Family Support Day Advocacy and Focus:
- Policy must focus on measures that reduce drug fatalities – families want policies and programs that keep their children alive. This includes harm reduction strategies such as safe injecting facilities, pill testing and heroin prescription programs.
- Families want informed and innovative policies and programs that reduce the likelihood of harm for their children. This means substantially increasing the proportion of funding directed at: harm reduction programs, community mobilization headed up by directly impacted people and their loved ones, services for people that are actively using substances (such as housing for all people).
- A reliance on criminal sanctions to address drug use only serves to create more problems – drug use is a health issue not a crime issue and families want services that assist their children not punish and criminalize them in a way that creates lifelong penalties. Drug users and their families should always be treated with respect care and compassion.
- Greater inclusion of family members in the decision-making process for families experiencing problematic drug use (with ultimate direction given to the person struggling)– For too long families have been left in the cold as they are often seen as part of the problem and drug users are seen as not capable of making decisions in their best interest. We must listen to people struggling and their families, they know better than anyone else what is going on and understand the complications and life struggles better than anyone else is able. Families must be included as partners and consulted on all aspects in the development and implementation of drug policies and programs.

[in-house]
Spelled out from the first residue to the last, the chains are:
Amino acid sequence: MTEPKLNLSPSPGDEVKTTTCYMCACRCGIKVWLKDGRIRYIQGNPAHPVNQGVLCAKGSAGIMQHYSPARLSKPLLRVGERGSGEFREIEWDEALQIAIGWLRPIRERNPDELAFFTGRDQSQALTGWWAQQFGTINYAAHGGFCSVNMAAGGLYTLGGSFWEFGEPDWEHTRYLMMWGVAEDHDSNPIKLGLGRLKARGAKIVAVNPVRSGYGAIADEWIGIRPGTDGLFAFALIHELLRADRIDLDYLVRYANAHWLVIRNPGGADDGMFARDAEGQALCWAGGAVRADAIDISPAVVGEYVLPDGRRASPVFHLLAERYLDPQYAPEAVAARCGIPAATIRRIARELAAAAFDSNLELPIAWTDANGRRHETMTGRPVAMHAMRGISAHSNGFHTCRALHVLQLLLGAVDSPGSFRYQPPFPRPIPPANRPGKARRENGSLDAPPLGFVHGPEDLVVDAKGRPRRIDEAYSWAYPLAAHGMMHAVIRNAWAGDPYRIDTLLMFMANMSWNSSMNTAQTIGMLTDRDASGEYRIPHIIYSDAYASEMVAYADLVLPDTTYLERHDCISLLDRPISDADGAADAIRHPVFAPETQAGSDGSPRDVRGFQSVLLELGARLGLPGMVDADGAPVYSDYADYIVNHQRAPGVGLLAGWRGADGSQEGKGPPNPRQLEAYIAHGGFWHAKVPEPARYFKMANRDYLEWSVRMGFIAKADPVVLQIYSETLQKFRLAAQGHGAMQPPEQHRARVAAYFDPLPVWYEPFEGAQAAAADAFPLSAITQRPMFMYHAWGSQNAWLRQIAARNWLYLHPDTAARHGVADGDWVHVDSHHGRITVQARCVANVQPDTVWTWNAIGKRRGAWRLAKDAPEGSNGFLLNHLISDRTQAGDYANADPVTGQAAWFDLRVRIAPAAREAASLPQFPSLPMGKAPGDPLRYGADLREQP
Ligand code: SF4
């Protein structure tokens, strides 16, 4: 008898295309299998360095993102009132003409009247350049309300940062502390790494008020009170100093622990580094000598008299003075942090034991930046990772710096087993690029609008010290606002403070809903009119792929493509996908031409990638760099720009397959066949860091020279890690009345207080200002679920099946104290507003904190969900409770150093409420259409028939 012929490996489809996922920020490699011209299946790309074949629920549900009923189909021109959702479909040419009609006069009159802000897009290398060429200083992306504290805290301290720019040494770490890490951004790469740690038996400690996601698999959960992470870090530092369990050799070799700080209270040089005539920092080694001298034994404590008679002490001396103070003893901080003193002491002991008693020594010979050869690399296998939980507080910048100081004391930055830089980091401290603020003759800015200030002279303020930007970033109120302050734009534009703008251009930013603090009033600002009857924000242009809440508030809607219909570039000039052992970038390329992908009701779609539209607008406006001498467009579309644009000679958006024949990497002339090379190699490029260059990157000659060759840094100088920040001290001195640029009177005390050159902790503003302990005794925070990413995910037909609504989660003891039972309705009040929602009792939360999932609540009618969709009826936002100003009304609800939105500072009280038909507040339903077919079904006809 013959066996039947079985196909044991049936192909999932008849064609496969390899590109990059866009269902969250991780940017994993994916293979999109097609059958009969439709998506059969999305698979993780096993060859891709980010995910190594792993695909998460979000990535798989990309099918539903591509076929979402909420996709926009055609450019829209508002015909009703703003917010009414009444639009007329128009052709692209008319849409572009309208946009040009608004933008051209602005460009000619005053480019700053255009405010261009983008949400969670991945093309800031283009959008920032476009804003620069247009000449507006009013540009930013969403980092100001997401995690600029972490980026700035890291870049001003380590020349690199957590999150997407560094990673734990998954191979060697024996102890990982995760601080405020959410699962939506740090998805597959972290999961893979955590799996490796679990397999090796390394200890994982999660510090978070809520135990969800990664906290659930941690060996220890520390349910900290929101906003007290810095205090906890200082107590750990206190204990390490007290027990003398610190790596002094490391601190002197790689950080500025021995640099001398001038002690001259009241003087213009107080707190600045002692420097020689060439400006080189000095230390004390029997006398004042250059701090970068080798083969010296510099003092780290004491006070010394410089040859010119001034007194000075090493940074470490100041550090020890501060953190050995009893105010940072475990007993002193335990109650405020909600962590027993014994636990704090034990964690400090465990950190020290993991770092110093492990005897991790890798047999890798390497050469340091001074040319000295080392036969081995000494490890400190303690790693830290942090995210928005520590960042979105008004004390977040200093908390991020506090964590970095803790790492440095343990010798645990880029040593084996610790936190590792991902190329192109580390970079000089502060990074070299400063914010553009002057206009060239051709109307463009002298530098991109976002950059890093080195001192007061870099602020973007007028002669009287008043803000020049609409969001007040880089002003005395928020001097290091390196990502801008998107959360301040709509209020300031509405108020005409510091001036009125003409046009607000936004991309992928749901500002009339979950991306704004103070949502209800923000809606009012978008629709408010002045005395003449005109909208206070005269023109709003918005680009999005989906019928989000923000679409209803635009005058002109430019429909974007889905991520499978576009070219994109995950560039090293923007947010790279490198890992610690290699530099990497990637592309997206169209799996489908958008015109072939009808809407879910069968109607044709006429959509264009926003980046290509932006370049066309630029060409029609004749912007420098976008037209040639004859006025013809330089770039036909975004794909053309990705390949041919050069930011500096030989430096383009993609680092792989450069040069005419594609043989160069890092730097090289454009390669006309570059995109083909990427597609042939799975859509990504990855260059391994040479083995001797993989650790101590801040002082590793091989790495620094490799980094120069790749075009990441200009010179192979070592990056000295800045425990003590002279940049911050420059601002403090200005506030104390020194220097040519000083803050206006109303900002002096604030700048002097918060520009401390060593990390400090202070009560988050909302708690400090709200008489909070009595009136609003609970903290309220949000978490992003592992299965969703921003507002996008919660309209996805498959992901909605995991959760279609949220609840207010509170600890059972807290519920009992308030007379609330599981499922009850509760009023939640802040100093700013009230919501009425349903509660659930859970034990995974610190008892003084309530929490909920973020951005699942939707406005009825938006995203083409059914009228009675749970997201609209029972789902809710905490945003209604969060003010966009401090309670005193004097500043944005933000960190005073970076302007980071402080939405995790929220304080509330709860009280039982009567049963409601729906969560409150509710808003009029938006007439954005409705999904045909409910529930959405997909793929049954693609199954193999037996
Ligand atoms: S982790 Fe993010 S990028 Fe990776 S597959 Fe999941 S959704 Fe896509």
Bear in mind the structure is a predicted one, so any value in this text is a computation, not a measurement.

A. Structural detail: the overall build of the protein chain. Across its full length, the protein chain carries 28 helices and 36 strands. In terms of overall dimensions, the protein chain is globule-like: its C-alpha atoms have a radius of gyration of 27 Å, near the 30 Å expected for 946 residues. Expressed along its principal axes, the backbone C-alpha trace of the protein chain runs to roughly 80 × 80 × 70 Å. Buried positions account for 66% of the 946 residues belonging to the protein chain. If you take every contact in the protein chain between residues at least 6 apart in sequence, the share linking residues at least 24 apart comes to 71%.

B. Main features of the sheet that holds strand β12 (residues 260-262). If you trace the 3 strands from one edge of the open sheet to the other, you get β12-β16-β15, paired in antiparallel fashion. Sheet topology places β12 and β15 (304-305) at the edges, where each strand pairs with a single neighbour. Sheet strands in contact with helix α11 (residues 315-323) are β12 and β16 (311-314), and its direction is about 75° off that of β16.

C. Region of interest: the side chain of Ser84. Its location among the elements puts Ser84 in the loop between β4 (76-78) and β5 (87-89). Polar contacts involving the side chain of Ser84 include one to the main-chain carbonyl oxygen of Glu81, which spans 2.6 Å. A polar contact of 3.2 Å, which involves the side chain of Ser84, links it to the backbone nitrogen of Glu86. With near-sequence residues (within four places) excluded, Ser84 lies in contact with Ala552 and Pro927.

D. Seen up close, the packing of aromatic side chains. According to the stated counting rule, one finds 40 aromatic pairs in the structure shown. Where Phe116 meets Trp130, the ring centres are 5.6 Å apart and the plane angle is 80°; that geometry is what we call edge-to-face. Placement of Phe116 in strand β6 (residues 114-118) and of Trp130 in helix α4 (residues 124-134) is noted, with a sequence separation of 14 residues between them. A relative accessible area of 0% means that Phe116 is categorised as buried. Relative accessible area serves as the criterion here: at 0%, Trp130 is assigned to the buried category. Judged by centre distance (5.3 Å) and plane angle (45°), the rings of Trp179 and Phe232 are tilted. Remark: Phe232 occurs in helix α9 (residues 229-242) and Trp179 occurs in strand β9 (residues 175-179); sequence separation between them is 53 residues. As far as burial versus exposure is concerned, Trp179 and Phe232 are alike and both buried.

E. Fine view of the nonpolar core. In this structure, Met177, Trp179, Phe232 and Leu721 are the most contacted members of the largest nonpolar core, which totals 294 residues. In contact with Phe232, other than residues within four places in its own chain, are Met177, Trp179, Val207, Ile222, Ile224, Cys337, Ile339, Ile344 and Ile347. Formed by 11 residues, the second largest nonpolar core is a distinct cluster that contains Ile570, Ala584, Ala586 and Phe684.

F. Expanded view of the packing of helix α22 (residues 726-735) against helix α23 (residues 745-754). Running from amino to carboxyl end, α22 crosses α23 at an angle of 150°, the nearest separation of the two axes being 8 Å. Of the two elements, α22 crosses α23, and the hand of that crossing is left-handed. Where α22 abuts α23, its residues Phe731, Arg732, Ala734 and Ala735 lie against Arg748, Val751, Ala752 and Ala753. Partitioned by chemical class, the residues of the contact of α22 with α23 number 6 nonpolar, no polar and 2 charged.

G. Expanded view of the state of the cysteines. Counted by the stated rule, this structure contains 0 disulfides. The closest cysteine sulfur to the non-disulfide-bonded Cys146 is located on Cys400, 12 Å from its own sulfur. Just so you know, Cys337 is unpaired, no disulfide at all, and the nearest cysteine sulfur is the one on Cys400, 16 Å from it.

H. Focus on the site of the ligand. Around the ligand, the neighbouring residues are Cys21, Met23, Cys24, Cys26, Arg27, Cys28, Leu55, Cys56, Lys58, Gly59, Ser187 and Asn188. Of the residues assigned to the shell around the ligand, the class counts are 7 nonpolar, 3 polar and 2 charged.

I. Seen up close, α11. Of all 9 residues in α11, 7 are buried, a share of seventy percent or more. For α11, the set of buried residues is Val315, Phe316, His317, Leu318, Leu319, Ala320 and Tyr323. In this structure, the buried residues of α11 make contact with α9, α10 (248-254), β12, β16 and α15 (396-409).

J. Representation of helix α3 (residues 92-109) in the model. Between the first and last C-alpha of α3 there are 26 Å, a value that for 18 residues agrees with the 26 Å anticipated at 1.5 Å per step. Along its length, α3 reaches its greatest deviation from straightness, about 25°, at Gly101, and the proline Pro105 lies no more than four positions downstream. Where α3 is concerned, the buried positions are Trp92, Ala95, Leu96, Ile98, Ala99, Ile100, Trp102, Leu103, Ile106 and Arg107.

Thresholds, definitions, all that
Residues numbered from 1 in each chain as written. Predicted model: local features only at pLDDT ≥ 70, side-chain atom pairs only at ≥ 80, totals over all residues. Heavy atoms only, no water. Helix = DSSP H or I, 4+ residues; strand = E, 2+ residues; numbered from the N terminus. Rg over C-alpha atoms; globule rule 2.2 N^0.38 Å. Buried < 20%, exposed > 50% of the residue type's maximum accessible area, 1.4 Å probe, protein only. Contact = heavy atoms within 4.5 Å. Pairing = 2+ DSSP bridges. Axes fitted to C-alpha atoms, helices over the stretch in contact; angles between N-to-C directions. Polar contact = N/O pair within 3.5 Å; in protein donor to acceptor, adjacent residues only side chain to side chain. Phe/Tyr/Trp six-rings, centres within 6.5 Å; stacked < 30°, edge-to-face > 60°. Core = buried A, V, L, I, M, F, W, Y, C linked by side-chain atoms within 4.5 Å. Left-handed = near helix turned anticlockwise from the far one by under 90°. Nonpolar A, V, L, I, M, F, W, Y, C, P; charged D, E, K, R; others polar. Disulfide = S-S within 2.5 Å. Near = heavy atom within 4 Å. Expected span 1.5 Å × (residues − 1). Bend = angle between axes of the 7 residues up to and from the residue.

- Family support must be recognized and resourced as a key element in achieving positive outcomes with people experiencing problematic drug and alcohol use, with a much greater emphasis needed to support Indigenous and culturally and linguistically diverse families – families want services that are there to help them as well as the affected individual.
- We need to change the language and labels around drug use. Unhelpful comments like – ‘clean’, ‘enabling’, ‘rock bottom’ and negative labels – ‘junkie’, ‘addict’ substance abuser, etc only increase shame and stigma and do nothing to help families. Tough love approaches do not help people struggling. Pain does not create or help people sustain positive change.
For more information about National Family Drug Support Day visit www.nationalfdsday.fds.org.au
Call Urban Survivor’s Union for Trainings around best practices for working with drug users.
Health Education- community organizing – capacity building work around drug user services.
Hepatitis C Education – Testing &Linkage to Care
Safer Drug Use Techniques and Supplies
Support Groups #SeeThePersonNotTheDrug